A major overhaul of the 2003 constitution of Rwanda is underway. What are the major proposed changes, and how will they impact President Paul Kagame and the 2017 presidential election?
A constitutional reform commission established by parliament and approved by President Kagame was seated in September 2015 and proceeded to make recommendations for changes to a number of articles, notably those affecting presidential term limits. Signed petitions from Rwandan citizens had been arriving for months at the lower house of the Rwandan legislature, requesting an amendment of article 101 of the constitution that limits presidential terms to two seven-year terms. By mid-August, parliament had reportedly received 3.7 million signatures, an impressive figure for a population of 12 million people and equivalent to 60 percent of registered voters. The expression of popular will, says the government; the result of manipulation and pressure, say its critics. Some skepticism seems warranted in a country with limited political pluralism and where civil liberties declined over the past year due to narrowing space for freedom of expression, according to Freedomhouse which rates Rwanda as “Not Free.”
At the end of October, the lower house adopted a draft amended constitution. Major changes included reducing the duration of presidential terms from 7 to 5 years, applicable after 2017. This means the candidate who wins in 2017 would still serve a “transitional” 7-year term, and then be eligible for two 5-year terms. This transitional period is according to Speaker Donatile Mukabalisa justified by “Rwanda’s unique context as the nation strives to achieve sustainable socio-economic transformation.” After this transitional period, the two-term limit in article 101 would be maintained.
Article 172 in the revised constitution states that “the President of the Republic in office at the time of commencement of this revised Constitution – that is President Paul Kagame in this case — shall continue to serve the term for which he was elected, and the provisions of Article 101 of this revised Constitution shall be applicable after the expiry of a seven-year term.” With these provisions, Kagame could potentially serve 17 years more in power after the end of his current term, till 2034.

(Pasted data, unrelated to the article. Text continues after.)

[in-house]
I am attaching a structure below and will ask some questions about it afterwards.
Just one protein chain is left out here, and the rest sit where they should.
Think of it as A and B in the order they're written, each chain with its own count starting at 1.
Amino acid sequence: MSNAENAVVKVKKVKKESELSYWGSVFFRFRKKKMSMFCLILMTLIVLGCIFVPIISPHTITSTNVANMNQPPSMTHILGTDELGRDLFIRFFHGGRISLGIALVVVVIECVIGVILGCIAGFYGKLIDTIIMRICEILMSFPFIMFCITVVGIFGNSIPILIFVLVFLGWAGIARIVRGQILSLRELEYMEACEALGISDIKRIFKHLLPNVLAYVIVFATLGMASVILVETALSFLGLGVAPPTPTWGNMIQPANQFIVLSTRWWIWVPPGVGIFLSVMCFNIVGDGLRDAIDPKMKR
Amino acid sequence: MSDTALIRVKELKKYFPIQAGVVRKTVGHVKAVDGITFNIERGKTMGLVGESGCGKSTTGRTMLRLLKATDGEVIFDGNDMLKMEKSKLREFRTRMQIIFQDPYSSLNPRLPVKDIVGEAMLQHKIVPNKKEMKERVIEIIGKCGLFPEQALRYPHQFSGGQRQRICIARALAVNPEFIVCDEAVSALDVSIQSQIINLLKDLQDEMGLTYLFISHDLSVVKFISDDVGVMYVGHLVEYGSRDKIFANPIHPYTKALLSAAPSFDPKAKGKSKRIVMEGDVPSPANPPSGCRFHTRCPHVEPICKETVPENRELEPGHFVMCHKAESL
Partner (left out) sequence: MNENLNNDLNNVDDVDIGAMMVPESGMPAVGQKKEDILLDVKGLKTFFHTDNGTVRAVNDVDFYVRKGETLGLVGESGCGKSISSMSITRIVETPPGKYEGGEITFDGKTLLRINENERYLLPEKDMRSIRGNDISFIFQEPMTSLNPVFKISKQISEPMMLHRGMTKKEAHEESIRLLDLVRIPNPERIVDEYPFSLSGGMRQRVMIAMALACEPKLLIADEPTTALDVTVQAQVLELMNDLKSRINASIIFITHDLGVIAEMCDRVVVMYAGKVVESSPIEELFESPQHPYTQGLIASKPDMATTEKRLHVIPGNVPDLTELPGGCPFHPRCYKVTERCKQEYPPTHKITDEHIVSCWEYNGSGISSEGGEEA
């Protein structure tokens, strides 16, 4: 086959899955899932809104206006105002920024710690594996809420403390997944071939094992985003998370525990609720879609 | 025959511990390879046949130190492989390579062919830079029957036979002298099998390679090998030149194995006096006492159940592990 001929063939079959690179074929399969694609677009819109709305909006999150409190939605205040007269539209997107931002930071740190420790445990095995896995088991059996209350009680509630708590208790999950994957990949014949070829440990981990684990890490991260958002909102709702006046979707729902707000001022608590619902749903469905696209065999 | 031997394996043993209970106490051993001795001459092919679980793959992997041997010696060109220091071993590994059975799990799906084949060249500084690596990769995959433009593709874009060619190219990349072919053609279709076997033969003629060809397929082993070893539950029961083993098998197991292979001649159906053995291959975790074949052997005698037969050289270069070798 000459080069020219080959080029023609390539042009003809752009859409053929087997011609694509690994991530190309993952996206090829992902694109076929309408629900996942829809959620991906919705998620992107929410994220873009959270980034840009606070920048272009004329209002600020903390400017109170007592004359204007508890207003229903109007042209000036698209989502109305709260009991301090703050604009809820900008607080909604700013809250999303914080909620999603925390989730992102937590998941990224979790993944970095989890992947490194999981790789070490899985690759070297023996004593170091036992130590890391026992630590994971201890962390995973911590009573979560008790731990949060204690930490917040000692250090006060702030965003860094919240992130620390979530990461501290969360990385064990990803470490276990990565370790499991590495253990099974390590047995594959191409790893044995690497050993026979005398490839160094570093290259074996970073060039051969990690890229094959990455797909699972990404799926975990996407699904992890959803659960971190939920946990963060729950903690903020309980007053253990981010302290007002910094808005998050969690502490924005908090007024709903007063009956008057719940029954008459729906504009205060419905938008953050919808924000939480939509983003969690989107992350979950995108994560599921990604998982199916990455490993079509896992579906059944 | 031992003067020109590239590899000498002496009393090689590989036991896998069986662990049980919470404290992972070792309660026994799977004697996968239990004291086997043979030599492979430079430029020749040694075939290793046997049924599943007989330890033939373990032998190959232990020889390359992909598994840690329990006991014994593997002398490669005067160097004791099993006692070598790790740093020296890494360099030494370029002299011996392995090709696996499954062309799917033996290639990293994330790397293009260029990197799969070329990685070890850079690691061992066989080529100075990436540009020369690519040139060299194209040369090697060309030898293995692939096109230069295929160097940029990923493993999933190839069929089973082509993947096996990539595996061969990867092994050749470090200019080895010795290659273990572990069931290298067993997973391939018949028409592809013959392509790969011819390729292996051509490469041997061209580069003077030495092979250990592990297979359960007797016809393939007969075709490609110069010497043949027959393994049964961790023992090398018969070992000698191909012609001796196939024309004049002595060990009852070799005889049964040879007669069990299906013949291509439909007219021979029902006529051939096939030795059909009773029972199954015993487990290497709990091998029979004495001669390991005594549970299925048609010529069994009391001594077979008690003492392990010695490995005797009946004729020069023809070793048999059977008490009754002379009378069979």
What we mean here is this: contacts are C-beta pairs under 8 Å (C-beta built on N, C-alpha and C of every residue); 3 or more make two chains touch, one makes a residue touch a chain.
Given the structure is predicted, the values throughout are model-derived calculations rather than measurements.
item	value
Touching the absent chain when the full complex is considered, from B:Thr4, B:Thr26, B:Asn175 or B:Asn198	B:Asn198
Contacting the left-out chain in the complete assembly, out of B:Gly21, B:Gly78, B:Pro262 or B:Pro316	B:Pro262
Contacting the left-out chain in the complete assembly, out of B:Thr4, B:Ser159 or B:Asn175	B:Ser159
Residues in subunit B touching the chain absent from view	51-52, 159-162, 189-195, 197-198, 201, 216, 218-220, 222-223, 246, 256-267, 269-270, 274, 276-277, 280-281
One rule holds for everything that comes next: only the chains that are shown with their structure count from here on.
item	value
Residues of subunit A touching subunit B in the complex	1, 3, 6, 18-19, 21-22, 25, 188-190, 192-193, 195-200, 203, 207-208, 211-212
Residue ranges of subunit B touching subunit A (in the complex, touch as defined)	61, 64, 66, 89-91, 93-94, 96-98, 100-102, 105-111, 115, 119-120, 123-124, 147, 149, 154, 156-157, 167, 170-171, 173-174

The Senate adopted the draft amended constitution on November 17, after making substantive changes to 32 articles and formatting changes to 16 others, without changing articles 101 and 172. With regards to article 172 in particular, the chairperson of the committee on political affairs and good governance hon. Jean Nepomuscene Sindikubwabo stated that “it responded positively to requests of Rwandan citizens especially their wishes that triggered the amendment of the constitution.”
On November 23, the Chamber of Deputies met in plenary to approve the modifications made by the Senate to the draft amended constitution, thus marking the end of the constitutional review process at the level of parliament. Next step will be the organization of a national referendum for which no date has yet been set. The Democratic Green Party, by some accounts Rwanda’s only genuine opposition party and which has no representation in parliament, is the only party to have publicly opposed the elimination of term limits. The party unsuccessfully sought to block the constitutional review process through legal action and has declared its intent to wage a “no-campaign” for the referendum.
Unless Kagame decides he will not stand for reelection next year, the road appears to be paved for not one but three more terms in office for him. Donors have been fairly muted in their response. This is after all donor-darling Rwanda and not Burundi or the DRC. While expressing “grave concern” over the move to amend the constitution to allow Kagame to stand for reelection, the US State Department has refrained from threatening to cut aid, stating cautiously that if Kagame were to stay it could “impact US-Rwanda relations going forward.” The EU has no common position. During a visit in September, EU Commissioner for International Cooperation and Development Neven Mimica lauded the strong development partnership with Rwanda, while stating the EU supports “sovereign decisions taken by sovereign nations” with regards to the content of their constitutions.